We’ve had arctic air in the Northeast all week, which has made it one of the coldest and driest periods of the season. With the lack of moisture there’s been only an inch of snow at the house in the past seven days, and although Bolton Valley was reporting a similar accumulation, they had picked up a few inches since I was last there for my backcountry outing on the 19th. I also suspect they’ve picked up various small accumulations of dry arctic snow similar to what we’ve seen down here at the house, but they haven’t hit that one inch threshold for the snow report. Although still rather cold this weekend, temperatures have definitely moderated somewhat from the beginning of the week… when high temperatures actually remained below zero in many locations. Yesterday we topped out around 15 F down here at the house (495’), and the afternoon temperature was sitting around 4 F up in the Bolton Valley Village (2,100’). Today we actually got up around 20 F at the house, and when I arrived at the Village in the mid afternoon, the temperature was a reasonable 12 F. The arctic air is definitely waning. Although I wasn’t planning on doing too much skiing this weekend with the combination of air temperature and minimal new snow, I at least wanted to get out one day for a tour. I almost got one in yesterday, but ran out of time since we were having James and the kids over for the evening. However, E and Claire cancelled our BJAMS ski program at Stowe today due to the forecast temperatures, so it gave me the opportunity to get in an afternoon tour. I think today actually worked out to be the better ski day of the weekend, since it was almost 10 F warmer up on the mountain, and we had sunny skies in contrast to a bit of gray yesterday afternoon.
“It was surprising to think
that the snow was holding
pat after such a dry week,
let alone improving.”
Last weekend’s outing on the backcountry network was fun, since the powder was decent, but also fruitful in that I discovered a nice new glade in an area I hadn’t previously visited. That discovery really wasn’t planned, but since it worked out well I figured I’d go with a similar theme today; my goal was to check out a descent off Heavenly Highway in the Moose Glen area. It’s an area that E and the boys and I have wanted to explore for a while. Since the boys were a bit under the weather and they weren’t going to head out in the cold temperatures, it was another solo outing for me. I find these solo outings work well for reconnaissance though, because I can move quickly and efficiently and explore a lot of terrain relative to when we’ve got the boys along.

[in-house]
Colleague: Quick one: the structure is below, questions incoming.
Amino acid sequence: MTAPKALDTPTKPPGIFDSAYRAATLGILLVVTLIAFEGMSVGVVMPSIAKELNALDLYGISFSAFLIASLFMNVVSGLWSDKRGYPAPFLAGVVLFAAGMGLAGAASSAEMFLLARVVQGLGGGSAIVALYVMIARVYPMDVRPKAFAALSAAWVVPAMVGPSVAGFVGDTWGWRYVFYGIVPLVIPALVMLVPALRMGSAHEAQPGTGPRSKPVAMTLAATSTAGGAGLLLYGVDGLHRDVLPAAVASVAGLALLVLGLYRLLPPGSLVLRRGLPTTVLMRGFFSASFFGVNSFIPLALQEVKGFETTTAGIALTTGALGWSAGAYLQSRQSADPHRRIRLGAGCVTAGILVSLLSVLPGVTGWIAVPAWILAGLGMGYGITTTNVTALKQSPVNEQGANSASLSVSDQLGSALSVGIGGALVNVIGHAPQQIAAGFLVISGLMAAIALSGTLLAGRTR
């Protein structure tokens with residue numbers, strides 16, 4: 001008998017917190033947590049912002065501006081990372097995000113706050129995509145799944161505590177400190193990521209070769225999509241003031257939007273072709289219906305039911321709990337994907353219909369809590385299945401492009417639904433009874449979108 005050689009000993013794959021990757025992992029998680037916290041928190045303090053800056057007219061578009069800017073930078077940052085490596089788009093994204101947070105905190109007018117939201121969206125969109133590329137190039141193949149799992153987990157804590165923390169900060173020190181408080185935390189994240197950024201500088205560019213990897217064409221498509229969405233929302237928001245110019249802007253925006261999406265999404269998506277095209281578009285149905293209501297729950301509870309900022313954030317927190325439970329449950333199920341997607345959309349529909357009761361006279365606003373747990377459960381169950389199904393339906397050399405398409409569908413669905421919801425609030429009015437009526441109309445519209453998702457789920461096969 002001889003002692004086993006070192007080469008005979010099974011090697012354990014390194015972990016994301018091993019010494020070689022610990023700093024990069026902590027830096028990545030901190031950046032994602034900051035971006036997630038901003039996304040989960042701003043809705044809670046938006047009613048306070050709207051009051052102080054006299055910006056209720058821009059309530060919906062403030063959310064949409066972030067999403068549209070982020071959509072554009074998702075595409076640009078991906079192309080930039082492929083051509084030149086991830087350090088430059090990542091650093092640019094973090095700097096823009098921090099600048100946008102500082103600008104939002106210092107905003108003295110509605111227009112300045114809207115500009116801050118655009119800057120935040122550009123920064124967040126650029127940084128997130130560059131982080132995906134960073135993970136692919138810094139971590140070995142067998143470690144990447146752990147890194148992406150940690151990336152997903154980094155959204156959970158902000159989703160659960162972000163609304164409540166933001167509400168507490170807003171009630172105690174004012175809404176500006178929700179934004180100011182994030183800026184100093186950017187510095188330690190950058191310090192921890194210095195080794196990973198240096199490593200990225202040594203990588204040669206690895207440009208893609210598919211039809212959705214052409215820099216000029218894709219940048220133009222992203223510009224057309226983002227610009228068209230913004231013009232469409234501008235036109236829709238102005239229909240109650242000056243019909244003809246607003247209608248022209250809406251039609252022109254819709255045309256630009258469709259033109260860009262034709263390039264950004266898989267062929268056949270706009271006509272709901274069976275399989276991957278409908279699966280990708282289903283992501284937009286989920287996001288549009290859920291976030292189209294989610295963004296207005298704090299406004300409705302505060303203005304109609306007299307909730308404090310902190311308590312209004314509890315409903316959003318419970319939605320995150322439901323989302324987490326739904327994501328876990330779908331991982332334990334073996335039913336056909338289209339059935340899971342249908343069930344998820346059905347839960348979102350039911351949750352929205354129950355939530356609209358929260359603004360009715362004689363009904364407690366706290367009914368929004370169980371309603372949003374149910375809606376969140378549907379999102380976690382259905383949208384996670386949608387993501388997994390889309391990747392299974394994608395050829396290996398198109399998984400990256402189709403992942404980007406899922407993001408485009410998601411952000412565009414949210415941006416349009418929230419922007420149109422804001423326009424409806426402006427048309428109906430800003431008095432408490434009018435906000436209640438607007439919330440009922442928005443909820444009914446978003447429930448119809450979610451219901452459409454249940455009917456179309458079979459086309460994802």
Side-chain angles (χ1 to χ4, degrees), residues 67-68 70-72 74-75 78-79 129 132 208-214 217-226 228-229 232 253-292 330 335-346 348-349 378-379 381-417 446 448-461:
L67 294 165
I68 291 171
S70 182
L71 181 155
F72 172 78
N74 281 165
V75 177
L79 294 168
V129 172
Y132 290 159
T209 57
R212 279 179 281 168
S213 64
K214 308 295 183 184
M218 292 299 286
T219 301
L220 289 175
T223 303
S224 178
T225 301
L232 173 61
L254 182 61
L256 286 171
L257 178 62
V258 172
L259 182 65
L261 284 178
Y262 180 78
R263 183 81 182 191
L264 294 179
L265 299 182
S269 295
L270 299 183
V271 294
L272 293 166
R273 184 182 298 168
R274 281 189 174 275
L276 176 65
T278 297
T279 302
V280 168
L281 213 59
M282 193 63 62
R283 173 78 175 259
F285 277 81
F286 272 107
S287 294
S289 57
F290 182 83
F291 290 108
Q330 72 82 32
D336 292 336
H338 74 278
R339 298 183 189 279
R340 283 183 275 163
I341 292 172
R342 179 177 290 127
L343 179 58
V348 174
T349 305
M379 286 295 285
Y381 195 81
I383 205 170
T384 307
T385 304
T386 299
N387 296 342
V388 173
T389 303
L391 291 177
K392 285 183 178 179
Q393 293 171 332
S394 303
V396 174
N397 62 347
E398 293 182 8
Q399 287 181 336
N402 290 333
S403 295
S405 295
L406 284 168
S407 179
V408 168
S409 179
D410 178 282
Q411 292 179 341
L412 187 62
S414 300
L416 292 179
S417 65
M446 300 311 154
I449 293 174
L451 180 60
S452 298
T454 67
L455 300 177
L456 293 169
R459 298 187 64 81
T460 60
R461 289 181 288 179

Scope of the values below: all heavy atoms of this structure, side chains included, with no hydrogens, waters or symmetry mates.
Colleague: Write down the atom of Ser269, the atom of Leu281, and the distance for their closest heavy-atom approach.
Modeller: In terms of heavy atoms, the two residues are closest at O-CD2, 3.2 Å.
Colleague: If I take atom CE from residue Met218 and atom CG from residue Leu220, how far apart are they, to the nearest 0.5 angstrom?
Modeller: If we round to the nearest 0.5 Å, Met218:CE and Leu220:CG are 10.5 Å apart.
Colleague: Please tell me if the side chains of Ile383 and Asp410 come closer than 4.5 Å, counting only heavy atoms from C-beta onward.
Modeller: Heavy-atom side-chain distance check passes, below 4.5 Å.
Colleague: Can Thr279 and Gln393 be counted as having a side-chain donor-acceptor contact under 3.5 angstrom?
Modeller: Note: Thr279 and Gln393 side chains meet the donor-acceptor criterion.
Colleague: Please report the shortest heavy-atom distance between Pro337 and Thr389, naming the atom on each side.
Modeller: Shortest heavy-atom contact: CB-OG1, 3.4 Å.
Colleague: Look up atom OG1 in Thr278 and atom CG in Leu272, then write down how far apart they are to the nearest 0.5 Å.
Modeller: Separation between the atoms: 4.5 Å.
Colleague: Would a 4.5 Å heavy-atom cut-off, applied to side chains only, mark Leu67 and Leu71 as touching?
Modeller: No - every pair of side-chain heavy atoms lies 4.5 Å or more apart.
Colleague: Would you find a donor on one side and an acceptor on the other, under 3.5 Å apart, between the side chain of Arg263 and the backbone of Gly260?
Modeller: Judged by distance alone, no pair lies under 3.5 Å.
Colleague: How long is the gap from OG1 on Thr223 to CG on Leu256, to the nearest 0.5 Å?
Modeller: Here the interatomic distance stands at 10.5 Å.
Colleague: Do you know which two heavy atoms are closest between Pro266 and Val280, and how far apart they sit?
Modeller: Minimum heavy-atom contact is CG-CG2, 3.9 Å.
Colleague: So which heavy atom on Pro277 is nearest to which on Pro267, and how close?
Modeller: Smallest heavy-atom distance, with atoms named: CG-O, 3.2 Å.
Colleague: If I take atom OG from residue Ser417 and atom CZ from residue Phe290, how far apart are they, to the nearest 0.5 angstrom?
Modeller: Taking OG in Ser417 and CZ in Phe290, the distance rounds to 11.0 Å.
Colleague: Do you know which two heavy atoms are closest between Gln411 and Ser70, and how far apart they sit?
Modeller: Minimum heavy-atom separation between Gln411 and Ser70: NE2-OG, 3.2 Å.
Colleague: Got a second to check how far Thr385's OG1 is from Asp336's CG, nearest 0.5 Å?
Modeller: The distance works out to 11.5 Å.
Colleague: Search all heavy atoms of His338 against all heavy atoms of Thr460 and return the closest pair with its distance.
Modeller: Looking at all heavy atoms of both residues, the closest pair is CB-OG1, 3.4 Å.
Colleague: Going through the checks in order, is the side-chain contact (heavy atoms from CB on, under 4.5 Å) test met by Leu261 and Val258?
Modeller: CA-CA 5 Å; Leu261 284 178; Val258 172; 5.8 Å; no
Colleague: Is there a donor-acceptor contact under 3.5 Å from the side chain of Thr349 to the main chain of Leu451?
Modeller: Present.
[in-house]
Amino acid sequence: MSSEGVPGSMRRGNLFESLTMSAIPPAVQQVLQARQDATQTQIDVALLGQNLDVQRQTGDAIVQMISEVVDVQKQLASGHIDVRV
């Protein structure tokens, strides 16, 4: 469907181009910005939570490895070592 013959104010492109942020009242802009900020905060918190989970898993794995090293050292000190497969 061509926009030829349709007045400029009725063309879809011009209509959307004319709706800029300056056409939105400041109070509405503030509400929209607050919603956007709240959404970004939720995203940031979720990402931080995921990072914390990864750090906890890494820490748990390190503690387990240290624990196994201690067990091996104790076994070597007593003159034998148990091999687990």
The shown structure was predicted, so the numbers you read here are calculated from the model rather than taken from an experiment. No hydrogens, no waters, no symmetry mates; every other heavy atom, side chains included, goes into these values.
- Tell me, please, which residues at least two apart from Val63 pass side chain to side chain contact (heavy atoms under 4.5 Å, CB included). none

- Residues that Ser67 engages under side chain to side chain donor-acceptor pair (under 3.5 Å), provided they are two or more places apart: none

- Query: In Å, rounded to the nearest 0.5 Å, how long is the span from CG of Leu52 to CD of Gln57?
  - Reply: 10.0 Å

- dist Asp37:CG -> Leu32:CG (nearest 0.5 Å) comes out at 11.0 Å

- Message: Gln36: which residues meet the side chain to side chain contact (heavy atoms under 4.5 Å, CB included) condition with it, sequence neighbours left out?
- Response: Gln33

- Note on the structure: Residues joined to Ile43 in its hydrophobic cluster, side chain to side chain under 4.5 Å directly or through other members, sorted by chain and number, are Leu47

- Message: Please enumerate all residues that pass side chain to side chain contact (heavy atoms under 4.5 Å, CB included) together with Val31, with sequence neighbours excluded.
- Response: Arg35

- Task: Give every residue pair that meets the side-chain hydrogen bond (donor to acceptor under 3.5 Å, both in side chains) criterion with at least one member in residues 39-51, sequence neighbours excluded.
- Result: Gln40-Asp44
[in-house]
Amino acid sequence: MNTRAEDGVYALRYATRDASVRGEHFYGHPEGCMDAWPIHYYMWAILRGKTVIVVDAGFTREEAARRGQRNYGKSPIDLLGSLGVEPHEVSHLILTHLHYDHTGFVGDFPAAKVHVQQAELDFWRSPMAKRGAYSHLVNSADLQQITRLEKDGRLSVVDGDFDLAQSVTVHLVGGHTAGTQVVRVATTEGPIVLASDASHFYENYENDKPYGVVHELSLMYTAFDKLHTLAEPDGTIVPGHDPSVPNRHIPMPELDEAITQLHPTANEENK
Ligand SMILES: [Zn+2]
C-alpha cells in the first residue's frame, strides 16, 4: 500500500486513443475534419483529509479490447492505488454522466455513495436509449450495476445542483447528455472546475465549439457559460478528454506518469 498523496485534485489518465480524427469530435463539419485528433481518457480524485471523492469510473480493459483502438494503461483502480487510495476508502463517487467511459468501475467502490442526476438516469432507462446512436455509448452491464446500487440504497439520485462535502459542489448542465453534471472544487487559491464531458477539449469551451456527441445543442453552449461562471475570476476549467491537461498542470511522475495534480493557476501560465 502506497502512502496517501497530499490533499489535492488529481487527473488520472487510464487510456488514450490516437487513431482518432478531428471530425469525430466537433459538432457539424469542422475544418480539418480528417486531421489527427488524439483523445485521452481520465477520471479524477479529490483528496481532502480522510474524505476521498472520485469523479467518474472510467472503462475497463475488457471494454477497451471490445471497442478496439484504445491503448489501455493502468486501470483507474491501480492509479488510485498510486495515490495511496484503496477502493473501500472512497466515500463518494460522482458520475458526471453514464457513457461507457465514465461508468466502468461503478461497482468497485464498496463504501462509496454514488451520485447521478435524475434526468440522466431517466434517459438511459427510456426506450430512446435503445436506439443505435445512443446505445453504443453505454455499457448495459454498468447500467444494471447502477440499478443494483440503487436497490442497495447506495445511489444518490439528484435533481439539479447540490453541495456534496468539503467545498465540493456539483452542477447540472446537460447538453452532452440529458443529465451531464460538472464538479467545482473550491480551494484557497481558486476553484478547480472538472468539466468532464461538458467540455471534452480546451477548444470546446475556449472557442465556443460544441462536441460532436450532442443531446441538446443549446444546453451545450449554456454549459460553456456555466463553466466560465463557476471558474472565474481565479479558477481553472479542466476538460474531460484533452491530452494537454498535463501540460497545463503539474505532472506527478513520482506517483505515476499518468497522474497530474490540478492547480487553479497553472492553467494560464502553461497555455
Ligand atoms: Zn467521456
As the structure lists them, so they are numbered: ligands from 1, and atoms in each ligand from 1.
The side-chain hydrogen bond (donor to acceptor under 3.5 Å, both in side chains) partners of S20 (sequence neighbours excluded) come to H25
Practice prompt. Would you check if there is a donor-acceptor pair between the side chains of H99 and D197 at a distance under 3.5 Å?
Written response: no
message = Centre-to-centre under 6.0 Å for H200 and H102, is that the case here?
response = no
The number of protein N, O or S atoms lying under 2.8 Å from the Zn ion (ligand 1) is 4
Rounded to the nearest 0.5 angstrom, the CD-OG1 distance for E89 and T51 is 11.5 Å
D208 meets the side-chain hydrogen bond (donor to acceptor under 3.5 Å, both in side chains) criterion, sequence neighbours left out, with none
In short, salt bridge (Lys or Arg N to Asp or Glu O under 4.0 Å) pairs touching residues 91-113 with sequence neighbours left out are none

“As I slid through that last run in
the powder, my feet felt really quick.
I guess that’s the best way to describe
it; the pitch of the slope, the depth of
the powder, and the length and width of
my skis all just came together to make
everything work for Telemark turns.”
Once again, despite the chilly temperatures and dearth of fresh snow, the main parking lots up in the Village were pretty full, so the resort was getting a lot of visitors. On piste conditions are actually pretty good based on what I’ve seen though, as the arctic air appears to be preserving packed powder surfaces very nicely. I’ve been sort of down on the arctic air that’s been hanging around because it doesn’t bring fresh powder for skiing, but boy does it do a heck of a job on snow preservation. Even though new snow has been minimal in the past week, I could tell that the quality of the snow on the ground had improved as soon as I began my ascent today. I saw a bunch of Telemark skiers working on turns on the Telemark Practice Slope, and even though that was a tracked area and they were often on the subsurface below the powder, the turns were very quiet. As I probed around and checked depths during my trip up the Bryant Trail, I could tell first hand that the subsurface had improved since last weekend. Presumably that ultra dry arctic air has been working on it, because it was even more crumbly and Styrofoam-like than last weekend. The conditions also seemed to be bolstered by additional powder. Whereas last weekend I found 3 to 4 inches at the 2,100’ level and 6” up at 2,700 at the Bryant Cabin, today I found roughly 5 inches at the base elevations and 7 to 8 inches at the cabin. It was surprising to think that the snow was holding pat after such a dry week, let alone improving.